Germany’s real estate lenders are attempting to raise margins from the low levels seen in recent years as they brace for higher funding costs and greater risk as the covid-19 crisis takes its toll on the country’s property market.
The results of a recent lender sentiment survey – the BF.Quarterly Barometer Q2 2020 compiled by German real estate finance advisor BF.direkt – showed that 83 percent of respondents expected to see refinancing premiums, compared with 25 percent in the previous quarter. The survey showed that loan margins increased during the second quarter from 131 basis points to 147bps in inventory and 220bps to 231bps in property development financing.
“Competition among lenders has definitely decreased,” Jan Peter Annecke, head of real estate finance at Frankfurt-based bank Helaba told Real Estate Capital. “We are seeing rising financing costs, which are apparently accepted by borrowers due to a lack of alternatives.”
Alexander Oswatitsch, head of European real estate debt at fund manager DWS, which is also a lender, agreed that banks are, in part, passing on their liquidity costs. He reported that margins had increased by an average of 25-30bps, and that mezzanine margins had increased by more than 100bps in some cases.
BF.direkt’s survey revealed that sentiment among the more than 120 German real estate lenders polled had nosedived to the lowest level since the quarterly survey was launched in 2012.
Manuel Köppel, chief financial officer at BF.direkt, said the timing of the survey – between 30 March and 10 April, just as the country’s lockdown was enforced – contributed to the heightened negativity. “I’m quite convinced that this very bleak sentiment is unlikely to persists for many months,” he argued.
However, lenders that Real Estate Capital spoke to were not surprised to see the survey’s rolling score plummet to -15.24 points, dropping from a Q1 sentiment score of -3.81 points – the most dramatic quarter-over-quarter shift on record.
Annecke said the survey reflected tougher market conditions: “The financing markets as a whole have deteriorated, so we have to prepare for the possibility that a few loans that fall due cannot be repaid on time.
“Loan syndication became more difficult in the last couple of weeks. Banks are increasingly using their scarce financial resources for their bilateral customer relationships rather than to refinance the customer relationships of other banks.”
BF.direkt’s bleak survey results were published two days after consultancy Savills reported that the German commercial real estate market recorded its highest-ever first-quarter transaction volume. Investment totalled more than €18.4 billion between January and March 2020, up 72 percent year-on-year.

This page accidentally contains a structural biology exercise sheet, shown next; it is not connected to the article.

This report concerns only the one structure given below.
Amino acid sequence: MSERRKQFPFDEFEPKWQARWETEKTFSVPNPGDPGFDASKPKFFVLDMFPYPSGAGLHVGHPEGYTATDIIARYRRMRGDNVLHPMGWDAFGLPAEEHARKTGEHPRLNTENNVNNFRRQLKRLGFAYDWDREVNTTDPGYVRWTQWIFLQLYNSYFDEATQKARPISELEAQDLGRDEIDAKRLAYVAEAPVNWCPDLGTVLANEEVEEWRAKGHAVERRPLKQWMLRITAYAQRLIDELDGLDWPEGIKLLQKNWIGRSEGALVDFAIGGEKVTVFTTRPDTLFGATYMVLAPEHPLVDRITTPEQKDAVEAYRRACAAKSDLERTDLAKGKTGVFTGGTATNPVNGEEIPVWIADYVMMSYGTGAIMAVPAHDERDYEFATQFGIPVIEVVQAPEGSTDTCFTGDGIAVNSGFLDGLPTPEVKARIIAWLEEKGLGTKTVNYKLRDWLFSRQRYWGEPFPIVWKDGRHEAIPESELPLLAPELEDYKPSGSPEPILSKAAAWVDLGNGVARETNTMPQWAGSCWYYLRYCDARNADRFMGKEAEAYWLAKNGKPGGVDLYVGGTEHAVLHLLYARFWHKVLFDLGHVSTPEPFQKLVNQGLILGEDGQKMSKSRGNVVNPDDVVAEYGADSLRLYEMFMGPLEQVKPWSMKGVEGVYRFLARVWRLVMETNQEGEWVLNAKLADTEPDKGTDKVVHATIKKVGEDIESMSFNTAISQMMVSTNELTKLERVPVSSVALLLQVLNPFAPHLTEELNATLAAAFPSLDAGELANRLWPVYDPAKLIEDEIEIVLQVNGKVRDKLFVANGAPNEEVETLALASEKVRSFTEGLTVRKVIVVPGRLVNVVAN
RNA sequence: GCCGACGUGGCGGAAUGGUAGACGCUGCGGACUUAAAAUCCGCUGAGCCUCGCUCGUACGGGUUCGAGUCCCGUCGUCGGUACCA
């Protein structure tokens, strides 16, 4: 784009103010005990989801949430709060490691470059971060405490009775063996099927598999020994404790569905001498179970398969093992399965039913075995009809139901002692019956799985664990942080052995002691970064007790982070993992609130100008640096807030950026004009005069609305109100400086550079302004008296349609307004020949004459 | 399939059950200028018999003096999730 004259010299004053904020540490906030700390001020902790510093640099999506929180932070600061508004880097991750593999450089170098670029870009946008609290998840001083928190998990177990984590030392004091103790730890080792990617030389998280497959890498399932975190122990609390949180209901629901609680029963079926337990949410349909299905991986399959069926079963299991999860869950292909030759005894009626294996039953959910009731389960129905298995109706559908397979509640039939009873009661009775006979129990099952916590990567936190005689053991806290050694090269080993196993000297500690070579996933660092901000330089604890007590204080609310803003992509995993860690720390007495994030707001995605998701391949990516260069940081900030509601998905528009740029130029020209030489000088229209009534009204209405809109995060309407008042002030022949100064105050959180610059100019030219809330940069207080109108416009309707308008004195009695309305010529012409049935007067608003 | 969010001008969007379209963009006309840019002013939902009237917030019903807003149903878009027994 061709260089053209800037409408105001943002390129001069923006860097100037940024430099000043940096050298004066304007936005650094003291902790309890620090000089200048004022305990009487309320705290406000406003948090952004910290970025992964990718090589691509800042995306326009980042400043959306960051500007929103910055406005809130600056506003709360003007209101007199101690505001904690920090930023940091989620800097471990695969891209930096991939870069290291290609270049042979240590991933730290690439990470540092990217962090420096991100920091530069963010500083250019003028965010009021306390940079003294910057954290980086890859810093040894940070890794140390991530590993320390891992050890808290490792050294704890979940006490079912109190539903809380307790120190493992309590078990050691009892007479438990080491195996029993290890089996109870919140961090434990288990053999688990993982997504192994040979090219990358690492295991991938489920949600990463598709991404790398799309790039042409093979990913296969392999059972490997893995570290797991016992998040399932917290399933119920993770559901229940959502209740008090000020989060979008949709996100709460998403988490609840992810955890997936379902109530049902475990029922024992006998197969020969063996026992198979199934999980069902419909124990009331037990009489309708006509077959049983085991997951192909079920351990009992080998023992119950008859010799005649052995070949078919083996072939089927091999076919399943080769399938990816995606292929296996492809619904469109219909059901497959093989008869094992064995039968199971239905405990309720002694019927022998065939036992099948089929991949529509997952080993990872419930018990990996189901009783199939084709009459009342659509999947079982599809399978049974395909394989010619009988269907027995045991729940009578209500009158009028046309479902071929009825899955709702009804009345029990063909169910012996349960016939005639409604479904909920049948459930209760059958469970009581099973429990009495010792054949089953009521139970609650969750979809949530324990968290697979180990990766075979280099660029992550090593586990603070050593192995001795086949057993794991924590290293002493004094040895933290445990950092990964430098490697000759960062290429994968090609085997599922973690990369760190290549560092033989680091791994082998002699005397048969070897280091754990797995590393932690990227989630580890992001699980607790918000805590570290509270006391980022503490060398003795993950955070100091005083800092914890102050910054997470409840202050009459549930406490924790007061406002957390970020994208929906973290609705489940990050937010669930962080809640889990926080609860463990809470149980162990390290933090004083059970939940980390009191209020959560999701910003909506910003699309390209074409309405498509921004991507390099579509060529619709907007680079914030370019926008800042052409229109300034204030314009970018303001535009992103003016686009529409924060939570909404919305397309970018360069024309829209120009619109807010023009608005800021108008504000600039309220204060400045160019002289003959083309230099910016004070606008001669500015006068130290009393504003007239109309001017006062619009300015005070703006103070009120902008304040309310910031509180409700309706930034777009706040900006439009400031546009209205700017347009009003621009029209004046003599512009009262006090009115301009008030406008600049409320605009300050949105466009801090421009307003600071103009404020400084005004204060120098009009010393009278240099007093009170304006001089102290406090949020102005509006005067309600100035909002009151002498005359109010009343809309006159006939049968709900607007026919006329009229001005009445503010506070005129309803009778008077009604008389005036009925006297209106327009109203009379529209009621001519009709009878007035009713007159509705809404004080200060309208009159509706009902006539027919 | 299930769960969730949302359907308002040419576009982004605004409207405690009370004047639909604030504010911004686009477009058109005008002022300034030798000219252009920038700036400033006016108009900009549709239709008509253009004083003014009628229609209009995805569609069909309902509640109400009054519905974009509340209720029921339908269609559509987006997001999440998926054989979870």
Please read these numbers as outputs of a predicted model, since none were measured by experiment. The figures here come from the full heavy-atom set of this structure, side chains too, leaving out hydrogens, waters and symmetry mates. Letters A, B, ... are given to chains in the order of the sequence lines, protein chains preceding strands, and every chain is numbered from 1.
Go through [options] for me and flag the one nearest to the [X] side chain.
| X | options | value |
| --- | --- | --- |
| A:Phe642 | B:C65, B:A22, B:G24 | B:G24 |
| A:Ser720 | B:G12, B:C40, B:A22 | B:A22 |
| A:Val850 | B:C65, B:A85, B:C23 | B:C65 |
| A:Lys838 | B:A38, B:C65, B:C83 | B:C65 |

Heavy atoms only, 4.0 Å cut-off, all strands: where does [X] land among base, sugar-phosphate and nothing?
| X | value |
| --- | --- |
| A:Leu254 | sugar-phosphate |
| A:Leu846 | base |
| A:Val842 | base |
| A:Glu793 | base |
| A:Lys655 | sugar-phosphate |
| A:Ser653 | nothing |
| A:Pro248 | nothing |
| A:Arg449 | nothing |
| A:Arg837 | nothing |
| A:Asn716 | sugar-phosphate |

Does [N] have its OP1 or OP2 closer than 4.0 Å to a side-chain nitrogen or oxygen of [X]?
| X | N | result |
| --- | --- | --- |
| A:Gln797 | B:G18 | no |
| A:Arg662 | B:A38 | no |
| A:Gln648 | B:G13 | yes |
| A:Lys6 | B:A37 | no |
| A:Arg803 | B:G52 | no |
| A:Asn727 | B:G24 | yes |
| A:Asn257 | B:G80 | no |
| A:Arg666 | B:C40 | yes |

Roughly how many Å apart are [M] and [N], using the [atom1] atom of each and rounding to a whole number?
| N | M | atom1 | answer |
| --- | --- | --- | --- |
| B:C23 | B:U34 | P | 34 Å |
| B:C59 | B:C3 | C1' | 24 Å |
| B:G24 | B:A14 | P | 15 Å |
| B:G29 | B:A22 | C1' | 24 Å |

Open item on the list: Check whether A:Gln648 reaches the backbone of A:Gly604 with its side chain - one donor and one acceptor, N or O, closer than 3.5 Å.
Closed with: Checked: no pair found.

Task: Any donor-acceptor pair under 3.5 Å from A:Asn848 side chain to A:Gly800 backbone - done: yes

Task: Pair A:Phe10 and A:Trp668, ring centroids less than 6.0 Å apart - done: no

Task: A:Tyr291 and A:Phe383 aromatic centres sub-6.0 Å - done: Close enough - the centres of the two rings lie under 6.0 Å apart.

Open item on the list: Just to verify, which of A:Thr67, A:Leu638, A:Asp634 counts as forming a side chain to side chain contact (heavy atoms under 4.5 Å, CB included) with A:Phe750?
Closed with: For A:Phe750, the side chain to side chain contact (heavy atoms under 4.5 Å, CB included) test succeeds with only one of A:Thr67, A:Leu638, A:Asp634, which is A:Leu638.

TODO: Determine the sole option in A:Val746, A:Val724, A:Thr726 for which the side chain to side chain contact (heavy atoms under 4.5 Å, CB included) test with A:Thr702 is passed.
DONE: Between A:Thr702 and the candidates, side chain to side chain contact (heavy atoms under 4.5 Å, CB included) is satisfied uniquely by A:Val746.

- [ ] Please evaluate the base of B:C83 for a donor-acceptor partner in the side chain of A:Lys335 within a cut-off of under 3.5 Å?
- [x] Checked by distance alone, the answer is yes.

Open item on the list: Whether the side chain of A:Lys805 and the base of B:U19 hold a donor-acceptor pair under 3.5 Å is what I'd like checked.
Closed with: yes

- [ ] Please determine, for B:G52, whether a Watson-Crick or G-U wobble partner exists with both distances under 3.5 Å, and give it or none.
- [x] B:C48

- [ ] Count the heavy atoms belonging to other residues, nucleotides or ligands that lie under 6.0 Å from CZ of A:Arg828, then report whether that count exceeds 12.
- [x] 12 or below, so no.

However, the pandemic brings the German market’s “10-year boom to an abrupt end”, according to the Savills report. The consultancy said that banks are coming to terms with the fact that transaction volumes will be significantly lower in the second quarter and that overall investment for 2020 will dwarf that of previous years.
Although 60 percent of respondents to BF.direkt’s survey expected a dip in new lending, sources argued that financing deals continue to be closed.
Assem El Alami, head of real estate finance at German bank Berlin Hyp, insisted that liquidity is still available in the financing market. “However, the majority of market players, whether investors or project developers, are currently waiting to see how things develop,” he added.
Helaba’s Annecke said that although he has seen some property acquisitions postponed, he will move ahead with several new transactions in the coming weeks.
DWS’s Oswatitsch said that although banks are concentrating on business with their core clients, there has been a mixed response from debt funds. He said some have put new business on hold, while others are using this opportunity to capitalise on new deals at increased pricing.
“It depends on their view on the level of repricing and whether they have invested out of equity or any leverage on the loan book,” he said. The latter, he said, could mean margin calls on the leverage that funds some lenders’ loan books.
As well as seeking remuneration for increased exposure by raising margins, respondents to the survey said German banks had become more cautious and were lowering their loan-to-value ratios.
LTV ratios in inventory financing and loan-to-costs ratios in property development financing dropped to 65.6 percent and 71.1 percent, respectively, down from 69 percent and 73.4 percent in Q1.
BF.direkt’s Koppel said further increases in margins and decreases in LTVs are likely in the next quarter, although he added that such changes will be mild as long as interest rates remain low.
Köppel expects sentiment in the Q3 survey to improve substantially, but this will inevitably depend on the lockdown status in Germany.
“Except for this shock, the real estate market is still healthy and not fundamentally in crisis,” he said. “The German real estate lending market has always been known as the safe haven and I think this is still the case.”